The majority of respondents to the consultation welcomed the consolidation of these regulations but expressed that even further clarity would be welcome. The Government will therefore review the guidance during 2015, including the provision of more practical examples.

This Statement included the following attachment: Response to the consultation (Response to the consultation on the draft consolidated NMW Regula .pdf).

Ordnance Survey: Change in Operating Model


The Parliamentary Under-Secretary of State, Department for Business, Innovation and Skills (Baroness Neville-Rolfe) (Con): My Rt hon Friend the Minister of State for Business, Enterprise and Energy (Matthew Hancock) has today made the following statement.

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I am today announcing the Government’s intention to change Ordnance Survey from a Trading Fund to a Government Company at the end of the financial year.

The change is operational in nature, and is aimed at improving Ordnance Survey’s day-to-day efficiency and performance. It will provide the organisation with a more appropriate platform from which to operate, and one which provides greater individual and collective responsibility for performance.

Ordnance Survey will remain under 100% public ownership with the data remaining Crown property, with ultimate accountability for the organisation staying with the Department for Business, Innovation and Skills.

Further to this change, in the coming weeks I will also be setting out more details on how Ordnance Survey will be building on its existing extensive support for the Government’s Open Data policy and on some senior appointments which will further strengthen the management team.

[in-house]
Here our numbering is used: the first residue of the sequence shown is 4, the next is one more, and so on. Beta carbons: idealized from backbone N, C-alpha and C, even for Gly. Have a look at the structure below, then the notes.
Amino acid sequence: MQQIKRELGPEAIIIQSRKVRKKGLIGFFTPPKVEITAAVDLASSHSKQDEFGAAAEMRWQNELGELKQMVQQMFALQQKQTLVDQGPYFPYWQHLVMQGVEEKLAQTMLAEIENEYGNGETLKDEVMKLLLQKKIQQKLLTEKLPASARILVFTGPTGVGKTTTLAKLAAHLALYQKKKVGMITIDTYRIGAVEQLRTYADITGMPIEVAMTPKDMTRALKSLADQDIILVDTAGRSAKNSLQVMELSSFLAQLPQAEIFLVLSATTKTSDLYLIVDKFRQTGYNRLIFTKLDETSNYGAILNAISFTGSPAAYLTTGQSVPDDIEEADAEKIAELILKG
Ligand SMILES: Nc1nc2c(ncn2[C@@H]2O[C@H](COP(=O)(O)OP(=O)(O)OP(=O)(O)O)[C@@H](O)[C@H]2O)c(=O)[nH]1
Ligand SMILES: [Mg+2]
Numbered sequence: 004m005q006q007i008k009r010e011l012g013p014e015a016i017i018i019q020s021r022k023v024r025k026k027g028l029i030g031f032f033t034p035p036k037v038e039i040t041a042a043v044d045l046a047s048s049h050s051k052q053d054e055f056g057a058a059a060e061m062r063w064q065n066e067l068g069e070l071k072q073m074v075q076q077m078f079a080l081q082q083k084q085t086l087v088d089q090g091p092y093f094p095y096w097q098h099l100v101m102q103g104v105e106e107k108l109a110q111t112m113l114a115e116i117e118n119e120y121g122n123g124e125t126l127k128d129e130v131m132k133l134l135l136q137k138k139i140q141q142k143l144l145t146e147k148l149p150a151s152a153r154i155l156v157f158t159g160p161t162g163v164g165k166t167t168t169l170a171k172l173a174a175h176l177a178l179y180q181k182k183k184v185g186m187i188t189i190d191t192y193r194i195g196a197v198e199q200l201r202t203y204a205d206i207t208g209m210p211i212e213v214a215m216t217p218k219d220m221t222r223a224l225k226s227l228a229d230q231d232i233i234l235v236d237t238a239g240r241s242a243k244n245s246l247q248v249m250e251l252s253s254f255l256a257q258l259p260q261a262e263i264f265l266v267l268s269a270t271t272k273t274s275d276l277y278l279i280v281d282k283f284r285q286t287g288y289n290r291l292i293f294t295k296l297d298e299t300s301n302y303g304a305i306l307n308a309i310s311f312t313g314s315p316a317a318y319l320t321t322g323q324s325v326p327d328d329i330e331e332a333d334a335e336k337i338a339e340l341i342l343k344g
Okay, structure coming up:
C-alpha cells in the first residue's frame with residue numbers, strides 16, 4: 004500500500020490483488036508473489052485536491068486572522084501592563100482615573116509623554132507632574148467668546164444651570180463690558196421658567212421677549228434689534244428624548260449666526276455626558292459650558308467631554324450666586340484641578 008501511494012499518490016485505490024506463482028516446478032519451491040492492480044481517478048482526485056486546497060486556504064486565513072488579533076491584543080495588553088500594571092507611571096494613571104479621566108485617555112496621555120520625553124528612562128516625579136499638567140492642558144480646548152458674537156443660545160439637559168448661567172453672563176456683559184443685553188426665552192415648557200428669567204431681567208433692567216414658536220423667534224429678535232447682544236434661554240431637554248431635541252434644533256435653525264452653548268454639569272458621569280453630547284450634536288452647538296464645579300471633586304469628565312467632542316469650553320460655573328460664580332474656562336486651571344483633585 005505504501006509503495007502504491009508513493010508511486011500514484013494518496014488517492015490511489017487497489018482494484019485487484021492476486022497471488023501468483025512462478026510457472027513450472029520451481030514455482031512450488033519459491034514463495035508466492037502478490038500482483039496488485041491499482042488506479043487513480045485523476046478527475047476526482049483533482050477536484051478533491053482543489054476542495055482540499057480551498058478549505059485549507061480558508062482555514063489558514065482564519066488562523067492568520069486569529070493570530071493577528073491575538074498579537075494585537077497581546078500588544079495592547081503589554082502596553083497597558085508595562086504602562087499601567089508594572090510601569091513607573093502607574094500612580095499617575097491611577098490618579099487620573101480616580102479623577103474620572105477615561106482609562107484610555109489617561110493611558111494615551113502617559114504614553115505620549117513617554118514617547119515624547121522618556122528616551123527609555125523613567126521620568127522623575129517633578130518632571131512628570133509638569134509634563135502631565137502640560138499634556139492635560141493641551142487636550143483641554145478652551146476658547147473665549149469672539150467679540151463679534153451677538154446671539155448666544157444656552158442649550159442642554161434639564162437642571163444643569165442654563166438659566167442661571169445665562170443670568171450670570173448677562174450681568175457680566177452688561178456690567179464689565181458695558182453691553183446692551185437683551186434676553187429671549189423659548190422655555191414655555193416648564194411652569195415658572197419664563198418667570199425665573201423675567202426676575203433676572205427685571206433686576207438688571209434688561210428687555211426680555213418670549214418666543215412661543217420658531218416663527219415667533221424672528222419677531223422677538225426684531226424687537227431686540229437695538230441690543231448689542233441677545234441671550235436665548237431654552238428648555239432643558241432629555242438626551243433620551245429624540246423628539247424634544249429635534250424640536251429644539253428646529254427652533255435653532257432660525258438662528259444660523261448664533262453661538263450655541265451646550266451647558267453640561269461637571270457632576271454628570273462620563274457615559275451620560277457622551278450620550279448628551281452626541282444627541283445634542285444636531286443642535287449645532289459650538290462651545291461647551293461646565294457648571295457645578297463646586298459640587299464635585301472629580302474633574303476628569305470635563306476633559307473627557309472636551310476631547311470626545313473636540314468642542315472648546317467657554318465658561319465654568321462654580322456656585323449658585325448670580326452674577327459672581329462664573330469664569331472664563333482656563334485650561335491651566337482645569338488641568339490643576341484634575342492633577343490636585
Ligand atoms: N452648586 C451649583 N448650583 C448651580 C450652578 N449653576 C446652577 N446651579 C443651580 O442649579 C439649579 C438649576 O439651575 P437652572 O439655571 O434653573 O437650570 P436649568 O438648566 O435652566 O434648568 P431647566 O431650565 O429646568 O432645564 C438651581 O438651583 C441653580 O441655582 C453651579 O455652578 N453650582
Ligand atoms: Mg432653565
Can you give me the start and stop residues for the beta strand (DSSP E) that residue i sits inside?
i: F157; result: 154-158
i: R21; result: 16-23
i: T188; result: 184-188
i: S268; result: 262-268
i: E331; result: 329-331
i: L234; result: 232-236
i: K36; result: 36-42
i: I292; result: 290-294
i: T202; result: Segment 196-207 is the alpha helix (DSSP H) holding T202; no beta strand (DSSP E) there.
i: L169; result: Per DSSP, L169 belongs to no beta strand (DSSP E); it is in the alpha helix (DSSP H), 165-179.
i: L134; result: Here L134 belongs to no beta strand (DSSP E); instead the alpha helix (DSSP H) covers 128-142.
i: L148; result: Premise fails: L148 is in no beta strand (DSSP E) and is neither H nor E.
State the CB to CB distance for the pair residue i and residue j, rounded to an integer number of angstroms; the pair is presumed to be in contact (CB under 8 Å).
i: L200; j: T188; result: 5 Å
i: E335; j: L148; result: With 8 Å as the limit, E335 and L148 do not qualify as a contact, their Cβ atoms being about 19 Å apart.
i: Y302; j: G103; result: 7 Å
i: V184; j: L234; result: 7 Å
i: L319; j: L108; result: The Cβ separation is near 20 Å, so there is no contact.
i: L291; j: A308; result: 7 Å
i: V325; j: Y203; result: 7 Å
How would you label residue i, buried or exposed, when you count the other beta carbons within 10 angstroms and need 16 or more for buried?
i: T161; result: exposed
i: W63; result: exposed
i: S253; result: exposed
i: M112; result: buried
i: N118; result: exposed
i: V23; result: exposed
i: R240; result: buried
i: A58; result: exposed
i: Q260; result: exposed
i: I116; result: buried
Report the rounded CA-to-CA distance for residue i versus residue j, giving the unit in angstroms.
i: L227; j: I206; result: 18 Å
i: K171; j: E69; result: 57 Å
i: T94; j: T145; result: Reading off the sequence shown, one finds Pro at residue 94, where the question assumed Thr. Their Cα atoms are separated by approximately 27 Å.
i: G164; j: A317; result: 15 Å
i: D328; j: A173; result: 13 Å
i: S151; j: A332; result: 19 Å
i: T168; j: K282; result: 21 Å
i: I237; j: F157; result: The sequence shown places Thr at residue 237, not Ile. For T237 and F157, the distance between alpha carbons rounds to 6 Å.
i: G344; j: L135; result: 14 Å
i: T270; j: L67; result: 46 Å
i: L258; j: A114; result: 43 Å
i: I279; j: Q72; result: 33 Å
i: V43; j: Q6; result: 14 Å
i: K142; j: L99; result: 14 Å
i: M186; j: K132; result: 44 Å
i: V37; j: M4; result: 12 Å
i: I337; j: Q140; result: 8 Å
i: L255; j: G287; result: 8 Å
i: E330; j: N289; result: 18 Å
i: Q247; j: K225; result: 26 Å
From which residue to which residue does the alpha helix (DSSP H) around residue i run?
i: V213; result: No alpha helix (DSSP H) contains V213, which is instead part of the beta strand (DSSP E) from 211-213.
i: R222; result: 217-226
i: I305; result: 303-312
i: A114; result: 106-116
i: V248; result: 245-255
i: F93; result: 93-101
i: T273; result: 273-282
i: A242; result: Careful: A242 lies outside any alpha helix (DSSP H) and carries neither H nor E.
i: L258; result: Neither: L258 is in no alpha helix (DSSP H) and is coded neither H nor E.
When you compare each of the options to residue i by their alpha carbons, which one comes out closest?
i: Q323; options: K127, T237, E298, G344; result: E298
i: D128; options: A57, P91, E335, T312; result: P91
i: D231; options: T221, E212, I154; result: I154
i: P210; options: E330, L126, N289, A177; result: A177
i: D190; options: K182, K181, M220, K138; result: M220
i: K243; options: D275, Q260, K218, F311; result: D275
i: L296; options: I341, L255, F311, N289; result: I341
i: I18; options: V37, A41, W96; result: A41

Ordnance Survey exists in a fast moving and developing global market. There has been rapid technology change in the capture and provision of mapping data, and increasingly sophisticated demands from customers who require data and associated services – including from government. To operate effectively, Ordnance Survey needs to function in an increasingly agile and flexible manner to continue to provide the high level of data provision and services to all customers in the UK and abroad, in a cost effective way, open and free where possible. Company status will provide that.

Mapping data and services are critical in underpinning many business and public sector functions as well as being increasingly used by individuals in new technology. Ordnance Survey sits at the heart of the UK’s geospatial sector. Under the new model, the quality, integrity and open availability of data will be fully maintained, and in future, improved. Existing customers, partners and suppliers will benefit from working with an improved organisation more aligned to their commercial, technological and business needs.

The relationship with Government will be articulated through the Shareholder Framework Agreement alongside the Company Articles of Association. The change will be subject to final Ministerial approval of these governance matters.

Ordnance Survey will also continue to publish a statement of its public task, to subscribe to the Information Fair Trader Scheme and comply with the relevant Public Sector Information Regulations, including Freedom of Information legislation, and make as much data as possible openly available to a wide audience of users.

Parole Board for England and Wales


The Minister of State, Ministry of Justice (Lord Faulks) (Con): On 18 November 2013 the Triennial Review of the Parole Board for England and Wales was announced in Parliament. I am pleased to announce the conclusion of the Review and publication of the report today.

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The Review has concluded that there is a continuing role for the Parole Board and that it should continue as an Executive Non-Departmental Public Body. The Parole Board has been assessed as having a ‘good’ overall rating for the standards of corporate governance and the recommendations from the review relate to three areas i) roles and responsibilities ii) communication and iii) conduct and propriety, where it has been identified that improvements can be made in order to more closely follow good practice for public bodies.